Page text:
This concept of localization is well developed for finite groups and for nilpotent groups. For a finite group G, the P-localization is the largest quotient of G, having no elements with an order belonging to P′ (the morphism α, mentioned above is the natural projection).

In DM a contribution is made towards the localization of virtually nilpotent groups. The theory developed in the paper is then illustrated in the last section of the paper by means of the computation of the P-localization of an almost crystallographic group. For their example the authors have chosen an almost crystallographic group G of dimension 3 and type 17. For the set of parameters (k1,k2,k3,k4) they have considered all cases of the form (k1,k2,k3,k4)=(2,0,0,k4).

Here we will check their computations in two cases k4=0 and k4=1 using the set of primes P={2}. The holonomy group of these almost crystallographic groups G is the dihedral group D6 of order 12. Thus there is a short exact sequence of the form
1 → Fitt(G) → GD6 → 1·

As a first step in their computation, Descheemaeker and Malfait determine the group IPD6, which is the unique subgroup of order 3 in D6. One of the main objects in DM is the group K=p−1 (IPD6), where p is the natural projection of G onto its holonomy group. It is known that the P-localization of G coincides with the P-localization of G3(K), where γ3(K) is the third term in the lower central series of K. As G3(K) is finite in this example, we exactly know what this P-localization is. Let us now show, how GAP can be used to compute this P-localization in two cases:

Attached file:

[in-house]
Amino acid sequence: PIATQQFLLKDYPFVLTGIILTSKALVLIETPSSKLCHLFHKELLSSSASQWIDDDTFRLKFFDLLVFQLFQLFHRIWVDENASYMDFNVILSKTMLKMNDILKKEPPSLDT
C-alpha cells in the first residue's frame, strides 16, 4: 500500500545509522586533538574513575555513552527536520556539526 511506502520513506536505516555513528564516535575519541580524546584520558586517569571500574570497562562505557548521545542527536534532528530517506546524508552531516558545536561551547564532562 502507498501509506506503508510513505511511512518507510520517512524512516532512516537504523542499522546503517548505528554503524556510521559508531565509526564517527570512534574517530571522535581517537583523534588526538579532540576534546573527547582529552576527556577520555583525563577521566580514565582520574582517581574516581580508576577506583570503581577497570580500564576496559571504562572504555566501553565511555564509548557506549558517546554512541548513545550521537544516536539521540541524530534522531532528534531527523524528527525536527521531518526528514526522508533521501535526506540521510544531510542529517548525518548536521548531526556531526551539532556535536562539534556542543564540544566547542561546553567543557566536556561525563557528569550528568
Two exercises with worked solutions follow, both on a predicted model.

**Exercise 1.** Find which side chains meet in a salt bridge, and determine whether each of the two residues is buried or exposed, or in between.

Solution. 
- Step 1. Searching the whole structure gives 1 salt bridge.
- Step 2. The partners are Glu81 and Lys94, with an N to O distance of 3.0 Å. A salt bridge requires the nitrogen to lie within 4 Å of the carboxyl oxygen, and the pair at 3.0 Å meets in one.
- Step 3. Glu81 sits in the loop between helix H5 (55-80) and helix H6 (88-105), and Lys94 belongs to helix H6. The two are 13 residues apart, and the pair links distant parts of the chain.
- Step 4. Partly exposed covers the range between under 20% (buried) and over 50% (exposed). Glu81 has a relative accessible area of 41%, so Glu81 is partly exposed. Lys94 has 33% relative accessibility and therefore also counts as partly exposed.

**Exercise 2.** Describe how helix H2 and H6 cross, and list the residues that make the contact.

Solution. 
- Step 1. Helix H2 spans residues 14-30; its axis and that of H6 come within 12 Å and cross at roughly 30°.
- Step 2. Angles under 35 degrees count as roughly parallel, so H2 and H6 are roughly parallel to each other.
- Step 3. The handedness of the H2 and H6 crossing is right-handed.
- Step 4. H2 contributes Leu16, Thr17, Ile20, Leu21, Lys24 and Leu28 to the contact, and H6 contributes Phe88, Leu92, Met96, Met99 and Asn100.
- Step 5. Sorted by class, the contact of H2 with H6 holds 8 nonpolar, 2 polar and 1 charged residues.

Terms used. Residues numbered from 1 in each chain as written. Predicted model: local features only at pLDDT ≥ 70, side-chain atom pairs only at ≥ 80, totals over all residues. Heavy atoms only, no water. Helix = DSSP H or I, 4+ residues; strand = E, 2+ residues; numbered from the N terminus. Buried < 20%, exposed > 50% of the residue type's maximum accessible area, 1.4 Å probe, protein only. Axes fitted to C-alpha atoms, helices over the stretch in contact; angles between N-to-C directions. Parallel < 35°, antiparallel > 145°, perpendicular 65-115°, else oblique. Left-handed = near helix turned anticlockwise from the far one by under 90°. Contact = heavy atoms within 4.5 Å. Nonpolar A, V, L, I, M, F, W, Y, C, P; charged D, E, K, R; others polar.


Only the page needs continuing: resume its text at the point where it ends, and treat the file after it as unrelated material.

First case: The parameters are (k1,k2,k3,k4)=(2,0,0,0)

gap> G := AlmostCrystallographicPcpGroup(3, 17, [2,0,0,0] );
Pcp group with orders [ 2, 6, 0, 0, 0 ]
gap> projection := NaturalHomomorphismOnHolonomyGroup( G );
[ g1, g2, g3, g4, g5 ] -> [ g1, g2, identity, identity, identity ]
gap> F := HolonomyGroup( G );
Pcp group with orders [ 2, 6 ]
gap> IPprimeD6 := Subgroup( F , [F.2^2] );
Pcp group with orders [ 3 ]